When embarking on major transformative change, leaders must be brutally honest with staff, funders, and themselves. The old adage is true, the truth shall set you free, but first it will scare the pants off you. Problems cannot be tackled if the truth about them is unclear, uncertain, or being ignored. If an organization is going to change, then everyone deserves the respect of being clear about the reasons why.
When Alan Mulally took over the leadership of Ford Motor Company he is reported to have asked his senior executives: “You guys, you know we lost a few billion dollars last year, is there anything that’s not going well?” Yet honesty does not have to be demeaning and degrading. In a similar meeting Alan was told that a new car on the verge of being delivered had some technical problems. However, when told of the problem in simple truth, his response was “I really appreciate that clear visibility”. By the next week, the problems were solved.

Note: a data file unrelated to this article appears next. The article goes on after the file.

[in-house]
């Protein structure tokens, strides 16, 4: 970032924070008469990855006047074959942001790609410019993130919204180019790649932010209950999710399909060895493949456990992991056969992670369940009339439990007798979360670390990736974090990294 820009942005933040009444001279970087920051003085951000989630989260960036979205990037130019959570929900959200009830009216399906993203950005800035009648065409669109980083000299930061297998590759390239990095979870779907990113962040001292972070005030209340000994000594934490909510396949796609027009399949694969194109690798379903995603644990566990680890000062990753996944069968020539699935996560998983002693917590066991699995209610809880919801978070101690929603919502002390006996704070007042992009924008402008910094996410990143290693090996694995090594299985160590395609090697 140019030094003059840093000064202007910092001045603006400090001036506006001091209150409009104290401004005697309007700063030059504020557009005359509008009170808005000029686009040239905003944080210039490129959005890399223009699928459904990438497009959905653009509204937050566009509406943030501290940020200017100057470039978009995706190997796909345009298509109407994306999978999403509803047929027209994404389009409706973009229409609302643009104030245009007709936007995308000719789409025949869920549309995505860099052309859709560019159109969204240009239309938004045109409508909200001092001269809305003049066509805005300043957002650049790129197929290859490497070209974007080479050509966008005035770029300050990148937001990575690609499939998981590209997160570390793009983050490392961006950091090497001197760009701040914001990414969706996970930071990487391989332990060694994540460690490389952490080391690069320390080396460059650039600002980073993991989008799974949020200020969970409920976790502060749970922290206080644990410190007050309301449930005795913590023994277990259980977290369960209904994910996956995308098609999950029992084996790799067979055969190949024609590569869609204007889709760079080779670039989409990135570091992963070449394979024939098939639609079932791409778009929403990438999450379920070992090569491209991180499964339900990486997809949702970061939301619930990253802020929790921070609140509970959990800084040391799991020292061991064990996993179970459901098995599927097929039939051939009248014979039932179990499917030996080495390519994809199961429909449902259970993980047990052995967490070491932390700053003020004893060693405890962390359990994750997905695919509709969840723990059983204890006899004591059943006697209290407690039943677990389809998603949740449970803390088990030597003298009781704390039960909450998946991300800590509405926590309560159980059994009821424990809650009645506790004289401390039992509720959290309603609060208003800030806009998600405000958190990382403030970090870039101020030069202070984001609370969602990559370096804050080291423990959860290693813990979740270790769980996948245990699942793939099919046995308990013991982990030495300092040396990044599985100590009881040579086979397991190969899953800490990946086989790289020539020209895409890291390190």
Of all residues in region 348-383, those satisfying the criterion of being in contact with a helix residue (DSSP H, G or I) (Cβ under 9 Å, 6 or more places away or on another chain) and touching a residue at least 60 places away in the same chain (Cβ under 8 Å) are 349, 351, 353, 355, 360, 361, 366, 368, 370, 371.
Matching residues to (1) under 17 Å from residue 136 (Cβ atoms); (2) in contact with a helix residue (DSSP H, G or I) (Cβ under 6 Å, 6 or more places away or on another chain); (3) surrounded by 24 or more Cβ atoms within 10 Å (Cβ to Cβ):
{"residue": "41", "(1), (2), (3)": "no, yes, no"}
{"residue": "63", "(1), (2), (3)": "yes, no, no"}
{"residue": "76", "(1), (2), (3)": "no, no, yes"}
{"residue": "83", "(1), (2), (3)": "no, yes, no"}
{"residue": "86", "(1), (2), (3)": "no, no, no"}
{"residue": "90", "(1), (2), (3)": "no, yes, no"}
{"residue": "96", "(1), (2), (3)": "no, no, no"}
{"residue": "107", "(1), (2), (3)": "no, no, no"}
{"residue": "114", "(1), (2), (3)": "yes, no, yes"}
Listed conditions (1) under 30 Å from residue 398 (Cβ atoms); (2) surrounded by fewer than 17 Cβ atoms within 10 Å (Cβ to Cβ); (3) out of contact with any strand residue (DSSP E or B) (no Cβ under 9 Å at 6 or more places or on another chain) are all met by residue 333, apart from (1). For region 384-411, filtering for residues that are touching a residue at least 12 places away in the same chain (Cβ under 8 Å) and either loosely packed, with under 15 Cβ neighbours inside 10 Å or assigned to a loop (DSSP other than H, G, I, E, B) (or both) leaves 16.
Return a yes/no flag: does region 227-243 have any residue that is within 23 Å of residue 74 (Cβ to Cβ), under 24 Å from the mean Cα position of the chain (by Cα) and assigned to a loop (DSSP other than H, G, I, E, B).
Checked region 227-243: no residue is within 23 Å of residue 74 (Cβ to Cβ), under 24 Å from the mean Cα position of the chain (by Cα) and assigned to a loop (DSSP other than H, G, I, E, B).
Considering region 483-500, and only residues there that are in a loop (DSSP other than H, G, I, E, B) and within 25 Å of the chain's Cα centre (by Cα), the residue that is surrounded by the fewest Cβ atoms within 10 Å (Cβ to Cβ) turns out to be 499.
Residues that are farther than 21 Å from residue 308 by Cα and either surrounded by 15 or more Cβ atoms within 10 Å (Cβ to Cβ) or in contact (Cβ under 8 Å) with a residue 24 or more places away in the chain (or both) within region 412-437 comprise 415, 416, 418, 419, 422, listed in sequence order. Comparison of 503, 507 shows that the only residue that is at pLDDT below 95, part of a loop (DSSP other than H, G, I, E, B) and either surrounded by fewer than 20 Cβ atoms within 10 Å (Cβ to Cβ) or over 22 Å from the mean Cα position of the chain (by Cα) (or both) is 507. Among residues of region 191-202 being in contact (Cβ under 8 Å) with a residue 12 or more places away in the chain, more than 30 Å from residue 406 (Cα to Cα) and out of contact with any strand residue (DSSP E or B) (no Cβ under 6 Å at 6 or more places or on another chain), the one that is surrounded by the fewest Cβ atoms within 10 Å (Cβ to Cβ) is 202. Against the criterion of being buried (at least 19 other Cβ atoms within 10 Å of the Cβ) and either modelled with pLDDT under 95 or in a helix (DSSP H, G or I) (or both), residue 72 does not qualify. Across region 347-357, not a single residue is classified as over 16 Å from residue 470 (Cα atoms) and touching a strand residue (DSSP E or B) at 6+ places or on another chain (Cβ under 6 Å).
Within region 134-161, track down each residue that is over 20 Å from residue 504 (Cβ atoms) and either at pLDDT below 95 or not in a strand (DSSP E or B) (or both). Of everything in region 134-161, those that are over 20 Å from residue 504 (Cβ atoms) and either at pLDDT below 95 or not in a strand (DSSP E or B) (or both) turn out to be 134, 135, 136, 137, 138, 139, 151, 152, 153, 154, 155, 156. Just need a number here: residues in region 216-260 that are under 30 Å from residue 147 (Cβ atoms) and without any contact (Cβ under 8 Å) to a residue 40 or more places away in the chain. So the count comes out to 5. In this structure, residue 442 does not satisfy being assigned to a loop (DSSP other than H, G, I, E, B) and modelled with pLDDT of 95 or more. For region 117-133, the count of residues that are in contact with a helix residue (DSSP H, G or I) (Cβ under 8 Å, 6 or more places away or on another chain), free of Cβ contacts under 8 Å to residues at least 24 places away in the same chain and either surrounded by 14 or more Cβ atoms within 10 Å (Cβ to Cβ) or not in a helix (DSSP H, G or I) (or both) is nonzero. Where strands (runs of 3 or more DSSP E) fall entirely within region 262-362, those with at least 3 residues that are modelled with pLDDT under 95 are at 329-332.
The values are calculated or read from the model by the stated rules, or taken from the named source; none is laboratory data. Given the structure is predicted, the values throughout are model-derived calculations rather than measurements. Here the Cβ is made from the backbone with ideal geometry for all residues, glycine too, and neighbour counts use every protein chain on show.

Speaking again of the Intel Corporation, Authors Larry Johnson and Bob Phillips write in their book, Absolutely Honesty, state: “Intel has long enjoyed a reputation for being a place where people express their opinions freely and assertively – and the company has profited handsomely as a result”.
#3 – DEFINE THE BIG PICTURE FIRST
Understanding the larger picture, on a global scale can provide serious perspective. This generally shows that for most social problems, no single organization is going to solve the problem. This perspective has the impact of demonstrating the need for collaboration in solving social issues.